Across much of South Asia, there is a growing strain of state-sponsored nationalism that is worrying and potentially dangerous in its consequences.
From India to Bangladesh, and from Pakistan to Sri Lanka, political dissent of various hues is being branded as anti-state and clamped down on viciously.
Bangladesh Prime Minister Sheikh Hasina Wajed has marched her country to a deadly place in her quest to vanquish her political enemies, while in Sri Lanka, the civil war may be over but great prejudice and discrimination are rampant against ethnic Tamils.
Meanwhile, Kashmiri dissenters have once again caused India to bare its teeth while the political opposition in the restive northeast of that country has for decades now been labelled as militants, anti-nationalist and veritable traitors.
The unmistakable rise of a narrow, state-sanctioned version of patriotism is evident in far too many places in South Asia against far too many oppressed groups.
Yet, it is Pakistan that must remain of the most immediate and serious concern.
Misplaced patriotism — encouraged, sponsored and directed by sections of the state — is dominating the political discourse at present. Be it Baloch separatists or even nationalist politicians like Mahmood Khan Achakzai, there is wholesale condemnation of swathes of the political spectrum taking place.
Even a thoroughly regrettable speech by Altaf Hussain has been turned into an opportunity to shoehorn all political opinion into a narrow, sanctioned version of nationalism.
No right-thinking Pakistani would oppose the essence of 'Pakistan zindabad', but a patriotism test — demanding of everyone to express allegiance to the Pakistani state before countenancing their political views — is a development that militates against good sense and political rights.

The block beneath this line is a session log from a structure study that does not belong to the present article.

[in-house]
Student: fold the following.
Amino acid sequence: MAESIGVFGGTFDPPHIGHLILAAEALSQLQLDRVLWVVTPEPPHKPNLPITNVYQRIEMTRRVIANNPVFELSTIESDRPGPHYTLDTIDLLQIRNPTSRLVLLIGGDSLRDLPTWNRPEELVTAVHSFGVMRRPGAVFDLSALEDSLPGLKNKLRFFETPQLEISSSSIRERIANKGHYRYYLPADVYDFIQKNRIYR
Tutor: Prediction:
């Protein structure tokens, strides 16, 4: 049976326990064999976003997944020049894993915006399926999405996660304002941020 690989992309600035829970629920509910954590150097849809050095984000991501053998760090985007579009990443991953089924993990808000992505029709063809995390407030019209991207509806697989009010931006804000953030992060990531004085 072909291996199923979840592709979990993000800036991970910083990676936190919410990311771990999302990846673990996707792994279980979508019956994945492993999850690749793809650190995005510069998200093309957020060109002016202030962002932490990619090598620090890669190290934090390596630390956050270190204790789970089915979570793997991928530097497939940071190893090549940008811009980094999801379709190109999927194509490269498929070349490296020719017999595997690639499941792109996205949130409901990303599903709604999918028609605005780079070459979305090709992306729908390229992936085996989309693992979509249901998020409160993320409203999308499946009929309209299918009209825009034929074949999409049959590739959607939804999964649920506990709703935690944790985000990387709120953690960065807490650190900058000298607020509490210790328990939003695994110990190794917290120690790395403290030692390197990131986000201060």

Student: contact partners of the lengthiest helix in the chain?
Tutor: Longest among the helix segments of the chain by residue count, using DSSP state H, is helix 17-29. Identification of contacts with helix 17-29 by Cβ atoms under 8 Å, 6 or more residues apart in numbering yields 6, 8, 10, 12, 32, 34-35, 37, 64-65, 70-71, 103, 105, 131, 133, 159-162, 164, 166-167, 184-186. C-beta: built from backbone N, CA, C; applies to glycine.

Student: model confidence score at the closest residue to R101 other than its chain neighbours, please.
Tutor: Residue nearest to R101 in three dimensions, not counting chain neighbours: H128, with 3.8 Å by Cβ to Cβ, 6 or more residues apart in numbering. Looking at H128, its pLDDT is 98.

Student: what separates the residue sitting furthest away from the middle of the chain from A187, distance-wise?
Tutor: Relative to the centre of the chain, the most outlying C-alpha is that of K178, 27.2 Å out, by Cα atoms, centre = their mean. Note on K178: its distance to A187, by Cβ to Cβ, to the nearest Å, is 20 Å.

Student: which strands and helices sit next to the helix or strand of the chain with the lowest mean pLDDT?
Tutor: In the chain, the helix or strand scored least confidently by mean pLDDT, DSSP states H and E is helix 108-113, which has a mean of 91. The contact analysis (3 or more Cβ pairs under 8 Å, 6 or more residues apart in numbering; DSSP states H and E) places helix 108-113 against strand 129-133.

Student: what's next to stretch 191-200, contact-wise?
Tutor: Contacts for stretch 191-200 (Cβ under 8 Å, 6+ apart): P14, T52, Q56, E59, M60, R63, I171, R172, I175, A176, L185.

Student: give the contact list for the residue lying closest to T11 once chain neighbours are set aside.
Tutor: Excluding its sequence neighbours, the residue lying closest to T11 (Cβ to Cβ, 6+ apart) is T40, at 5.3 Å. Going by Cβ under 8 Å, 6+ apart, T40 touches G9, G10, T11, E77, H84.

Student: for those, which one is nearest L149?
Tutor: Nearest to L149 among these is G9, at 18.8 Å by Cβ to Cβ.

Perhaps a brief tour of history may help here. Once upon a time, the Khan of Kalat was arrested for sedition — a charge that echoes uncomfortably decades later in the plight of Baloch activists today.
East Pakistan was lost in the civil war, a conflict situation exploited by India — arguably, the roots of separation were laid by the state-led West Pakistani campaign to label Bengalis and their principal representative party, the Awami League, as anti-state.
Soon after, in a truncated Pakistan, Zulfikar Ali Bhutto banned the National Awami Party of Wali Khan. Today, its successor, the ANP, is a mainstream political party and its cadres have been decimated by the banned TTP.
The story continues with ugly allegations against G.M. Syed of Sindh and Sardar Ataullah Mengal, and arrives in the present day with the demonisation of Mr Achakzai, whose father faced similar accusations before his death in a bombing.
There is one Pakistan, but there is no one idea of what that Pakistan should be. The state has neither the right nor the authority to dictate to the people what Pakistan ought to be to them.
The political realm is best served by a robust debate among competing ideas and philosophies. Coercion and artificial homogeneity are the real threats.
The Article First Appeared in DAWN
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